"He was inspired to use effects on the guitar by John McGeogh, the guitarist for Siouxsie and the Banshees. His other influences include the sound and stylings of Killing Joke, Joy Division and other early eighties bands."

Terri was especially happy to meet and work with Dave, because of what she describes as his non-egotistical approach to guitar playing.

"It left room for me to apply more melodic and complex vocal structures and I didn't have to scream to be heard!"

Stone 588 got together after Terri was asked to audition as vocalist for a reformed version of a mid-80s Goth band, called Guts on the Floor, for whom Dave had played drums. The two of them knew each other from the 80s punk scene and decided to work together as Stone 588, along with the Guts' former bassist, Jon McFerson. He left to go to school, and Terri met Eileen.

"I met Eileen at my store, Ipso Facto, when she was delivering tapes of her band, Dichroic Mirror. Eileen befriended the band, engineering half the tracks on our CD, "Door in the Dragon's Throat", and now plays keyboards and bass in Stone 588."

Terri had quite a bit of experience before Stone 588, having been in 17 different projects, playing in punk bands, namely Humane Restraint, HKA, avante garde and folk bands, Borogoves, and recording some solo material.

"I also went on the US Procession Tour in 1995, as a backing vocalist for Faith and the Muse. It has helped that I have known a lot of the people in the LA scene for a number of years by chance and through my store. But I couldn't say any were influences with the exception of Eva O from the days I roadied for the Superheroines and Shadow Project."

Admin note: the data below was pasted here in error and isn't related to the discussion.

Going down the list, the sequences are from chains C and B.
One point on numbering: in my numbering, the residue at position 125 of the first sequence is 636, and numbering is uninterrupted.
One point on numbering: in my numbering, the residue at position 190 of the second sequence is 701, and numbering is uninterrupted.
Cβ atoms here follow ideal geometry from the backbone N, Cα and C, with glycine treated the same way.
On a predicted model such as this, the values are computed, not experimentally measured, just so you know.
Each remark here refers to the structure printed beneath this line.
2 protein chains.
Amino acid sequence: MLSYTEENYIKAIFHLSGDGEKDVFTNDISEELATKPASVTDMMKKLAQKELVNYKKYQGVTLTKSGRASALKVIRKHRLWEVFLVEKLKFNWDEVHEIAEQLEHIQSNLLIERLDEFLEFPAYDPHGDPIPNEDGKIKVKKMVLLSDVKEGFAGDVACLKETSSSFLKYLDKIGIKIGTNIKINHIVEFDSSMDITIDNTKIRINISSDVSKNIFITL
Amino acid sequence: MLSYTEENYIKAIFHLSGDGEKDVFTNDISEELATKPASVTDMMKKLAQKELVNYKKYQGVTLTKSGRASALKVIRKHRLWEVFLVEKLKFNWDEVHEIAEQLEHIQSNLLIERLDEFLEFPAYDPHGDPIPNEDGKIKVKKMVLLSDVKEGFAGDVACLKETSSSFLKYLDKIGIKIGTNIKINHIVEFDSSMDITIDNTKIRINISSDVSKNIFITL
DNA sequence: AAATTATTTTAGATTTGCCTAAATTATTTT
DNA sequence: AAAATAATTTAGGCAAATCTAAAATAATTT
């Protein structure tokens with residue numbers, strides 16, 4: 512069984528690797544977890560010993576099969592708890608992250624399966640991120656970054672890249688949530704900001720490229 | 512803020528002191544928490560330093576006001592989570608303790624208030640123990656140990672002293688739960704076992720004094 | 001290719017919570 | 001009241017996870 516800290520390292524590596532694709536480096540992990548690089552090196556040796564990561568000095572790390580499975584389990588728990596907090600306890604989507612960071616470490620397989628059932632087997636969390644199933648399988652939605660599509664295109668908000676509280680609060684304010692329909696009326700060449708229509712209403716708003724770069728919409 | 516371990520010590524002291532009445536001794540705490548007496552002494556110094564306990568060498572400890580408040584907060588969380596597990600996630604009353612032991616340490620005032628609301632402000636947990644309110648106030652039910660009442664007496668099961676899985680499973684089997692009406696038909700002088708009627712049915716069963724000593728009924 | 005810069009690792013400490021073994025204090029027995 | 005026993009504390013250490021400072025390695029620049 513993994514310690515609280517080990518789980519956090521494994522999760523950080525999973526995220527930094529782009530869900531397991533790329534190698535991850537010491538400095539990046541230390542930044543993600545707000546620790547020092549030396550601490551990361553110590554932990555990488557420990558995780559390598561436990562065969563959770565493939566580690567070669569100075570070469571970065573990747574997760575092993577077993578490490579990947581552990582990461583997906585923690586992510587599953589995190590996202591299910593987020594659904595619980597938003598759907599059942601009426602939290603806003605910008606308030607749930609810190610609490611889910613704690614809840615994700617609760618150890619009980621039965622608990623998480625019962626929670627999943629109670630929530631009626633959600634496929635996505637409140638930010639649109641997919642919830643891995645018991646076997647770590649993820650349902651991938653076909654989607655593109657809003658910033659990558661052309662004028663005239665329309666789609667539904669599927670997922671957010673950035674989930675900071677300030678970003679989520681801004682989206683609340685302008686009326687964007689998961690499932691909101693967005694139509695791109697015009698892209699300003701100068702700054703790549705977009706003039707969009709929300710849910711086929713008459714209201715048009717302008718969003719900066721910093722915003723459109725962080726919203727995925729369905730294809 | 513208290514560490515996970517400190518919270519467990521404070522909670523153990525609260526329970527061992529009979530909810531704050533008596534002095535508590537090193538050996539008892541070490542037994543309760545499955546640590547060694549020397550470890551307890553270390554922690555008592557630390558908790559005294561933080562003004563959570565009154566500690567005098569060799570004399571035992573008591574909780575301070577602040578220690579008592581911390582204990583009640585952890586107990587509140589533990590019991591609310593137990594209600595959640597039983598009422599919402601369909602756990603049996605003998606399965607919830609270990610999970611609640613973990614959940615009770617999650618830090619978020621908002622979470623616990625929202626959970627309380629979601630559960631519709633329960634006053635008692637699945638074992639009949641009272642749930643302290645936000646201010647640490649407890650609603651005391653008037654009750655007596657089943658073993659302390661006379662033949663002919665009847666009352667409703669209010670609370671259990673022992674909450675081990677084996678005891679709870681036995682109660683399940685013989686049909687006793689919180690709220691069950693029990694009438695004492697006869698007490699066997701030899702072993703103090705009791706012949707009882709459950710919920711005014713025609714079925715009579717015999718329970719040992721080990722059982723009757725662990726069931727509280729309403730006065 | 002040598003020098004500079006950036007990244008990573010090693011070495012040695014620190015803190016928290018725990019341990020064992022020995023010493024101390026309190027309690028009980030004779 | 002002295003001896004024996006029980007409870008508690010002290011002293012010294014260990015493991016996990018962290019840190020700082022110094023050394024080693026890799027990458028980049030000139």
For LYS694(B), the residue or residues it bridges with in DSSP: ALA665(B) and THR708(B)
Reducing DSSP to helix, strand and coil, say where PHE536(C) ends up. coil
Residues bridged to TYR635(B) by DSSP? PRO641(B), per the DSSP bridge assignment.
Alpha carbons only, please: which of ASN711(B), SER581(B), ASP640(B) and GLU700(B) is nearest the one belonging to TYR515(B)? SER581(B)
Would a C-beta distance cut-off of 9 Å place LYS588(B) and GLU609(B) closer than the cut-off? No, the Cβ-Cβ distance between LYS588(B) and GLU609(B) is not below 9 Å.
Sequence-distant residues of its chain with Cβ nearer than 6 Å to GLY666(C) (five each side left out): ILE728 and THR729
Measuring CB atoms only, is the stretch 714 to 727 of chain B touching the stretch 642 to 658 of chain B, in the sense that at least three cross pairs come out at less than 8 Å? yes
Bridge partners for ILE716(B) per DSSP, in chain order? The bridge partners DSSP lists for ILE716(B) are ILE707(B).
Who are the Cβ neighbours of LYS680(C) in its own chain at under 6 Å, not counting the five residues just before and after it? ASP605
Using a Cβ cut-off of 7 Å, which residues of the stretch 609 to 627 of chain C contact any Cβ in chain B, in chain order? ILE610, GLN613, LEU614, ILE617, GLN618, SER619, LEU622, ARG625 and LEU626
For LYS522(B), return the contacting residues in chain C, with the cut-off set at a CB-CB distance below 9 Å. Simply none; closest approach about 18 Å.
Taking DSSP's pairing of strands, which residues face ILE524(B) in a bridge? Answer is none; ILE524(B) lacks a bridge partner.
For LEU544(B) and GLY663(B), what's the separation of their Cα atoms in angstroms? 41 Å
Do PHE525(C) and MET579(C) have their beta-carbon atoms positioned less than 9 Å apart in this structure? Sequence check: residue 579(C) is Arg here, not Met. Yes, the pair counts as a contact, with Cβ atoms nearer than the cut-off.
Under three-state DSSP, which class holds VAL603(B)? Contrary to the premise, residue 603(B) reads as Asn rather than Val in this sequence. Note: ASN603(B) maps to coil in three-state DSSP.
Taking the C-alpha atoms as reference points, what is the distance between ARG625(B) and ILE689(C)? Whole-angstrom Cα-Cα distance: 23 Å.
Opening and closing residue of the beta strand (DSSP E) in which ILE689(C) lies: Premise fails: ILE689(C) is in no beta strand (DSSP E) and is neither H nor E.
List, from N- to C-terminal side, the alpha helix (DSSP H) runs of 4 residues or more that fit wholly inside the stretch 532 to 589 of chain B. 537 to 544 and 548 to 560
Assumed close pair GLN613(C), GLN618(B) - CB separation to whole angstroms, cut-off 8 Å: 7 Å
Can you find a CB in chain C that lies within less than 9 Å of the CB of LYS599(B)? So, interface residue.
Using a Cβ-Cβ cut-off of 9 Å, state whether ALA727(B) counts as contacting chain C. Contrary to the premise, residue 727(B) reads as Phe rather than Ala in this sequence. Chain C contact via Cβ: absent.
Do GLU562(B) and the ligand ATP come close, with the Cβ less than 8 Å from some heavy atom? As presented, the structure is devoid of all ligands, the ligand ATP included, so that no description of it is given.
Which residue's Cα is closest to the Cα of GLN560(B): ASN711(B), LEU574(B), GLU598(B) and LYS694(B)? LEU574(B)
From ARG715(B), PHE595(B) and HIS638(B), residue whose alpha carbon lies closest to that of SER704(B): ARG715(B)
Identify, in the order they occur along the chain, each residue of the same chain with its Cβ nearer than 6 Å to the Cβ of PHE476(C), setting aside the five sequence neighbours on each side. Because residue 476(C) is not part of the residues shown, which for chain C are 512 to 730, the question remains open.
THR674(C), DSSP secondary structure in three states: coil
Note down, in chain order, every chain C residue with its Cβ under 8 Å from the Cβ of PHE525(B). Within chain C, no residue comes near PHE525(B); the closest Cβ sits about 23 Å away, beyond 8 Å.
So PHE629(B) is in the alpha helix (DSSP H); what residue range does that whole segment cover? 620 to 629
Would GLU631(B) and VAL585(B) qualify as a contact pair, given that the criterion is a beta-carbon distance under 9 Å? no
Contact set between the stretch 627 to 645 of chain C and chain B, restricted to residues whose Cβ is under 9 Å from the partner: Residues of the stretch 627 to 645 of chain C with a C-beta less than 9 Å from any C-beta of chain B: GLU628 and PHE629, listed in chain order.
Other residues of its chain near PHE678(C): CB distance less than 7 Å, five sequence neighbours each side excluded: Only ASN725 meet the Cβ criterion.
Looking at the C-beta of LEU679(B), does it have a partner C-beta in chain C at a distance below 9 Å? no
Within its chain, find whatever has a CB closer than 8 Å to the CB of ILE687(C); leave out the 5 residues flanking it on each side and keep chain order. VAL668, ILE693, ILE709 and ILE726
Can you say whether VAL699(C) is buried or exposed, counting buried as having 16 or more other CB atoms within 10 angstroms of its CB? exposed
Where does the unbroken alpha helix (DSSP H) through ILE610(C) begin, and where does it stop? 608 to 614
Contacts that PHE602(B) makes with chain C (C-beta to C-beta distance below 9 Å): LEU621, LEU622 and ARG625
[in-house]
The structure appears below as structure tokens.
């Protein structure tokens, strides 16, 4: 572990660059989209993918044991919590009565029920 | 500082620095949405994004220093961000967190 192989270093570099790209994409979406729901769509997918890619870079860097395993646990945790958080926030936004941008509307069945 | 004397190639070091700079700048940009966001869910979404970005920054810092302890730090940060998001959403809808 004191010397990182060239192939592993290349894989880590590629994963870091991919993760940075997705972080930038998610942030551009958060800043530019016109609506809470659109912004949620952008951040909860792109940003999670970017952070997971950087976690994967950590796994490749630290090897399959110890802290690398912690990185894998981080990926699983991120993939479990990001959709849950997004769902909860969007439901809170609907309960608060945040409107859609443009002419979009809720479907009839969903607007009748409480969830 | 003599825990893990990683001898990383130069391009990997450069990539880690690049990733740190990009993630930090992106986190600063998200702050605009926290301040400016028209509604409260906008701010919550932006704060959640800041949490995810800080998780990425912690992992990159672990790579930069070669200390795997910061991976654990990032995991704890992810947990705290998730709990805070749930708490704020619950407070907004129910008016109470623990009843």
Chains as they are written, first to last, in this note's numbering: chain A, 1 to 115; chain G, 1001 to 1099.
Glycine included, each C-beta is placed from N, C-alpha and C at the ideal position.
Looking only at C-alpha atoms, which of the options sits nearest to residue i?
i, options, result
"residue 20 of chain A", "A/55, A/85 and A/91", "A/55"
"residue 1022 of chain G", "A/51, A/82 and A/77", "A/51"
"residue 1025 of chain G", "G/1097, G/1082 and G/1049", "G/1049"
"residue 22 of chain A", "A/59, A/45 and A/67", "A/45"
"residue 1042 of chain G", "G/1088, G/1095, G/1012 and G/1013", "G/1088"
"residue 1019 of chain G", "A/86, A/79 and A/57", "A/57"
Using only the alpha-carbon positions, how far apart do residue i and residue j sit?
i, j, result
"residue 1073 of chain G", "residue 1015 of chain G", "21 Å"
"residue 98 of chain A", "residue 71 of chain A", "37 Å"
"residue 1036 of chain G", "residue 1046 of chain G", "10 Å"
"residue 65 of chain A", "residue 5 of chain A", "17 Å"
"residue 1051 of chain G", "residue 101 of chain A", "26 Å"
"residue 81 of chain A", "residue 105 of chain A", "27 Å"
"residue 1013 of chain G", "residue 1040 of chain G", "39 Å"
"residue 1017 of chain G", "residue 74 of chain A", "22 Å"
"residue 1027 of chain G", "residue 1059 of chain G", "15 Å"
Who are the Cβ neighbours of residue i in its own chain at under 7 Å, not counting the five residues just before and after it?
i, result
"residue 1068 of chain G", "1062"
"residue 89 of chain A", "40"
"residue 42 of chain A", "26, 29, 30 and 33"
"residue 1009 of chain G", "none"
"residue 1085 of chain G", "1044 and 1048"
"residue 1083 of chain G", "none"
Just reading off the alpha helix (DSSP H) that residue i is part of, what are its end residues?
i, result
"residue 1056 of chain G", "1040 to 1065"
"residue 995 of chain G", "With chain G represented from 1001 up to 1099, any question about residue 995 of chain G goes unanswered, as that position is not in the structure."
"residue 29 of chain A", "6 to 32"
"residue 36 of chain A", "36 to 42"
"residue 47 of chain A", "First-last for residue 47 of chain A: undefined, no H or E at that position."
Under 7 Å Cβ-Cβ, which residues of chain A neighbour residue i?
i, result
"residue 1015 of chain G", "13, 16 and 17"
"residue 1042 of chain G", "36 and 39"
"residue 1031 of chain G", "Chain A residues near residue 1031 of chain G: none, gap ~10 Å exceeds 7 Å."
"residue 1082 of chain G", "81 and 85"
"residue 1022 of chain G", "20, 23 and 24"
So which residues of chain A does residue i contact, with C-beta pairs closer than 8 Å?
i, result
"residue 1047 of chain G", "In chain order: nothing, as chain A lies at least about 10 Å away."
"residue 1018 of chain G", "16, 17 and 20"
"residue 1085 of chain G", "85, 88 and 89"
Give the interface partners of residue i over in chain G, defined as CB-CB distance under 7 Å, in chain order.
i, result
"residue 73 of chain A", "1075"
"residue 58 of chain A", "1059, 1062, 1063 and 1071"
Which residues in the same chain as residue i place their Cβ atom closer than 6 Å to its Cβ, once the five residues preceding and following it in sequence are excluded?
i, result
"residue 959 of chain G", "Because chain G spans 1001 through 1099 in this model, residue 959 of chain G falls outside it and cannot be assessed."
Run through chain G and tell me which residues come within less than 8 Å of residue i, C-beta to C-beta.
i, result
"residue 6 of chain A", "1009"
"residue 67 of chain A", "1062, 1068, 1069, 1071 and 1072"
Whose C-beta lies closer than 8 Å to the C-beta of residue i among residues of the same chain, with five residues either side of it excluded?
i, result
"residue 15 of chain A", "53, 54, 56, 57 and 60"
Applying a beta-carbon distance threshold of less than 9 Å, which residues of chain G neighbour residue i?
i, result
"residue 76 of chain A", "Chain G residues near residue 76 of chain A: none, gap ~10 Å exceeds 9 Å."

Terri is almost as famous on the Goth scene for her shop, Ipso Facto, as for her music. After working in the fashion accessories industry as a wholesale sales rep in downtown LA for a few years, she got tired of working for other people and conforming to everyone else's image of what she should be.

"People are very judgmental about your appearance in the fashion industry and can treat you very badly based on their first impression. I guess a lot of people will relate to this! I had been a bank teller before that and in the early 80's there were not a lot of black clad gothic-looking tellers! The management wanted to fire me because my hair hung in my eyes! I went into the fashion industry with the assumption it would be better, but it wasn't! So I left the comfortable pay and stability of those industries and struck out on my own."

A lot of her friends donated their time and energy to help set up Ipso Facto. Jason Jewell, who is now a high profile body piercer and a performance artist in his own right, worked for years for free. After around four years of what she calls "literal starvation", the US economy improved and more customers started finding out about them.

"Ipso Facto has played an important role for Stone 588 too, as we have practiced there since the band's inception. In fact, all of my bands in the last 8 years have. It serves as our contact address for people wanting to contact us for shows, purchasing band merchandise, cross-promotion, etc, which has definitely given us a higher profile."

Stone 588 are still hard at work on new material, which should hopefully be coming out sometime soon. They plan to feature some songs with traditional drums, voice, bass, guitar and others which are more experimental, more keyboard/drum machine-oriented with live percussion and acoustic guitar.

"Most likely there will be a good balance between atmospheric pieces and Goth-rock styled songs."

Stone 588, and the shop, Ipso Facto, can be contacted over the 'net, or you can write to them at: 517 N. Harbor Blvd Fullerton CA 92832 USA.